As it was with my hot spring tutor, I suspect the hatchback couple prefers their privacy. We proceed past with barely a glance and disappear around a rocky wall separating the upper and lower showers. I'm glad they settled for the first because the real gem of Kirkham is the second waterfall and larger pool. It’s a rare treat to find this soaker available and we interpret the sight as a good omen.
By the time we remove our shoes and stash the towels, the other couple is already leaving. I peek over the rock wall just in time to see them ascend the last couple of stairs. I pass the information on to my wife who immediately removes her bikini top and tosses it over a nearby boulder. With uncontrollable grins, Jamie and I slip out of our shivering goose flesh and into the steaming pool.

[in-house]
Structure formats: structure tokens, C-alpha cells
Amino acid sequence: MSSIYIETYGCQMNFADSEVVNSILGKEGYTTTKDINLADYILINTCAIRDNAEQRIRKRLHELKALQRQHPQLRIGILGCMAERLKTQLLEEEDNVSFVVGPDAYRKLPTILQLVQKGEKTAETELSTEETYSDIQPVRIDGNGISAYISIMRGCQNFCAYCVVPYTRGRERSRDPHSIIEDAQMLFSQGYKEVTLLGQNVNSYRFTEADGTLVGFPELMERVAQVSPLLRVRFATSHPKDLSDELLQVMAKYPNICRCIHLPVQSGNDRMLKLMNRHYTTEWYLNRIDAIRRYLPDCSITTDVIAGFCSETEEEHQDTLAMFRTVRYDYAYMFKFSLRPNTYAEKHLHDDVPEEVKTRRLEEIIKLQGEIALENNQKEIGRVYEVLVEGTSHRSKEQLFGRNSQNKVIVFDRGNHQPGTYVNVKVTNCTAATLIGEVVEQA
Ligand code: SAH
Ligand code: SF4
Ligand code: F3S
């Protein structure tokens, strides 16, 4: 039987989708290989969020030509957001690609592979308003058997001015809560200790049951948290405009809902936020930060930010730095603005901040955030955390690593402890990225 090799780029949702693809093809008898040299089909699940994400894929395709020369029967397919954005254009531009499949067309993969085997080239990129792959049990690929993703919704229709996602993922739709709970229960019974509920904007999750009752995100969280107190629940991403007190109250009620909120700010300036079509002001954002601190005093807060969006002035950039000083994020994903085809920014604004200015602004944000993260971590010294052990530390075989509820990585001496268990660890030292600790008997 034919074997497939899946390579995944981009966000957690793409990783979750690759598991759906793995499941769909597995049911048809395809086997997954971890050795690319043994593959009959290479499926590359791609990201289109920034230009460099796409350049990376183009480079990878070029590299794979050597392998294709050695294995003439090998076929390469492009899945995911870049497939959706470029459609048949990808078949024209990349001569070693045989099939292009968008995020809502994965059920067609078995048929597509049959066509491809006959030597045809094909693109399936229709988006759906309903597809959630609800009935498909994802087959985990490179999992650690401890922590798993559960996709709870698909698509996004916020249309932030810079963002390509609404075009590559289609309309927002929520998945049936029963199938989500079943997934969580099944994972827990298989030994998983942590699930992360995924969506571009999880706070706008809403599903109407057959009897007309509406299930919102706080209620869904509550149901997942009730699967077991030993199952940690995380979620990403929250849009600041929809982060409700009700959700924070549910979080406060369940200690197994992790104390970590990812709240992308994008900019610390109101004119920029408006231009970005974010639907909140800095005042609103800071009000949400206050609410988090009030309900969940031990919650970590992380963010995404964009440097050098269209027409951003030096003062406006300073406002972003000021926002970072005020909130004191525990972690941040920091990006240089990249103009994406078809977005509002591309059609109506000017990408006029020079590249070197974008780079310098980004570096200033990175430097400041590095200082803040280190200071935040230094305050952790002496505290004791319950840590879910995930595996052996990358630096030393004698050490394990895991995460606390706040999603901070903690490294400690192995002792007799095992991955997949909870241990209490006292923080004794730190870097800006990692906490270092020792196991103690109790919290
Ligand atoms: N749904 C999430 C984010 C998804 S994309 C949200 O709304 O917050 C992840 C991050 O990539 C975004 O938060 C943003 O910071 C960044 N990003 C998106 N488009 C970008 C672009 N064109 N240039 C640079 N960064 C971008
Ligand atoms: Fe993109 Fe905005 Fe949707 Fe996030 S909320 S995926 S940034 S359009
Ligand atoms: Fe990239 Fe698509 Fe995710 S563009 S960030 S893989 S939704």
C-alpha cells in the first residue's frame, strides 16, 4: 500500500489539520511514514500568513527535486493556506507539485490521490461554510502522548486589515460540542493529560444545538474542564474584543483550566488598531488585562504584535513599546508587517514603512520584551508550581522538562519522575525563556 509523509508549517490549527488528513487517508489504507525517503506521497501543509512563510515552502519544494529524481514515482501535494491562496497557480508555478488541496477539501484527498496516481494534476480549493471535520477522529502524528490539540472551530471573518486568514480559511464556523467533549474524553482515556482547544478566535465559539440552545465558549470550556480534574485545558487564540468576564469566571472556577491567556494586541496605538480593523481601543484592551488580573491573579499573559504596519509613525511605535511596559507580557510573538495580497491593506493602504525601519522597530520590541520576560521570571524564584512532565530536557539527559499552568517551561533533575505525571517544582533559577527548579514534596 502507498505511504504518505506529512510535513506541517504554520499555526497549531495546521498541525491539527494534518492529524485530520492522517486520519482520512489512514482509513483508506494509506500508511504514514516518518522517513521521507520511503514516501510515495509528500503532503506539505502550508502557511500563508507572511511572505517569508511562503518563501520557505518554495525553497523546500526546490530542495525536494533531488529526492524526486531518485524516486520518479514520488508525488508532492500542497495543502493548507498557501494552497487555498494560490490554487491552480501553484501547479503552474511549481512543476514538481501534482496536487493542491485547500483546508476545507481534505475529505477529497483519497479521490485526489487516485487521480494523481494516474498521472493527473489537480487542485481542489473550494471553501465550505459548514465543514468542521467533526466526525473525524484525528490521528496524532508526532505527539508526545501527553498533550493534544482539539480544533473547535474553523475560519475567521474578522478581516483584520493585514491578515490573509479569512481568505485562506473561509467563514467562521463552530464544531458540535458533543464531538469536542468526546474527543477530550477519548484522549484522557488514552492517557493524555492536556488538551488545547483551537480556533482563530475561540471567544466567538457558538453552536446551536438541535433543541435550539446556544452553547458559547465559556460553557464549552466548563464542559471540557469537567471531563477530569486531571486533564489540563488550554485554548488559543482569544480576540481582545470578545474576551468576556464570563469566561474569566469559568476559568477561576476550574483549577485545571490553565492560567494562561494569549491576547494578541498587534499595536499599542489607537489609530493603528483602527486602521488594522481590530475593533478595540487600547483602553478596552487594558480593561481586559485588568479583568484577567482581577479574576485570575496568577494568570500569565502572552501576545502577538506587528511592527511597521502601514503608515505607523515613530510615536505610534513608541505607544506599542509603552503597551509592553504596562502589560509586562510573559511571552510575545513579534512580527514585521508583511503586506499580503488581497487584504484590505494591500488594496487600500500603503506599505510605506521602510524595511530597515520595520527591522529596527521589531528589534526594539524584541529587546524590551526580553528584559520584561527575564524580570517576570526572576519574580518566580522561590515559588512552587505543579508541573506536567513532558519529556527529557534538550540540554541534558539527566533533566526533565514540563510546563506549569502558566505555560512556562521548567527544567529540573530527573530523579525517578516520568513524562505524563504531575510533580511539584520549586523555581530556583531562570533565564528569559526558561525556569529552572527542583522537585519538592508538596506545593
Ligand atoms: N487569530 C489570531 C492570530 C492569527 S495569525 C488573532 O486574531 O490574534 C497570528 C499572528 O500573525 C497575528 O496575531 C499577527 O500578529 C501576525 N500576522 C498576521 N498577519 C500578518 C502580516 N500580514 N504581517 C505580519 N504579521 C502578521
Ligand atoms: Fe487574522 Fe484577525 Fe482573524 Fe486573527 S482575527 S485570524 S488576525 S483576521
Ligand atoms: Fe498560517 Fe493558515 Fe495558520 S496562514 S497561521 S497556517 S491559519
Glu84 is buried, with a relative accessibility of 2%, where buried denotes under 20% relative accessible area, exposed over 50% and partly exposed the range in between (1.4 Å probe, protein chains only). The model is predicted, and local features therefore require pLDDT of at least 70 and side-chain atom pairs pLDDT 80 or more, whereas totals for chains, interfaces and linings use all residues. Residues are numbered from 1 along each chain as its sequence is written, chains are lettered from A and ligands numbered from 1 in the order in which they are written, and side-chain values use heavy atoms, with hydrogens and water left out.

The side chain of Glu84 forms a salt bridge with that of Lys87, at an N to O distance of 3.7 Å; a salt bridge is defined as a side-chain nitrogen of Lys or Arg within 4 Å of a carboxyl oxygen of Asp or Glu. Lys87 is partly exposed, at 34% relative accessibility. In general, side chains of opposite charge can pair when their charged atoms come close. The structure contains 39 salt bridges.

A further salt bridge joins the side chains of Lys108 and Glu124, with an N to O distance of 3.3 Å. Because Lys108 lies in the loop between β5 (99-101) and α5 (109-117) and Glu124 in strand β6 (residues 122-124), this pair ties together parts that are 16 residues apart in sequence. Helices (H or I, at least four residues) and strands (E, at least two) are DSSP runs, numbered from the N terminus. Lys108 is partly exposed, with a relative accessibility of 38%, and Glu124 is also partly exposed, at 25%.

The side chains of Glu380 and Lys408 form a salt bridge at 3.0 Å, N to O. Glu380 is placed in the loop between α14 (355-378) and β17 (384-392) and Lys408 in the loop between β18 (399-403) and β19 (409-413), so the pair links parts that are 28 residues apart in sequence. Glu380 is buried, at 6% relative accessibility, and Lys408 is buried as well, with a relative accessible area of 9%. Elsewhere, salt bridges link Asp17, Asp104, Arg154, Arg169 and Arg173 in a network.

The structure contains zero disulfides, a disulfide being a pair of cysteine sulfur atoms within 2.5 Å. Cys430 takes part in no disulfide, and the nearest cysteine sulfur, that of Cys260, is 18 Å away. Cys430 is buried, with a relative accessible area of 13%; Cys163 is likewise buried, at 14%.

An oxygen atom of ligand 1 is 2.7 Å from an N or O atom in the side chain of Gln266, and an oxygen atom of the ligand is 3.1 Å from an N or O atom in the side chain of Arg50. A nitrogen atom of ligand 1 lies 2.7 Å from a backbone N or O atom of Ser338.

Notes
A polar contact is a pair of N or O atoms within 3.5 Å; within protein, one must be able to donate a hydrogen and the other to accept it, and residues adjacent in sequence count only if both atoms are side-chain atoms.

The water feels unbearably hot, and our smiles turn into a brief grimace, but the stinging sensation is quickly replaced by an exponentially expanding synergistic mental and physical levity. Like melting pats of butter, we slowly sink deeper and spread out on our backs. The natural lithium begins to take hold, and it isn't long before our entire beings have turned gelatinous. Occasionally, I muster enough strength to stand in the waterfall where the heavy flow pounds my clay like muscles into rapturous oblivion. Were it not for the necessity of food, Jamie and I could live our lives slowly dissolving in geothermic heaven.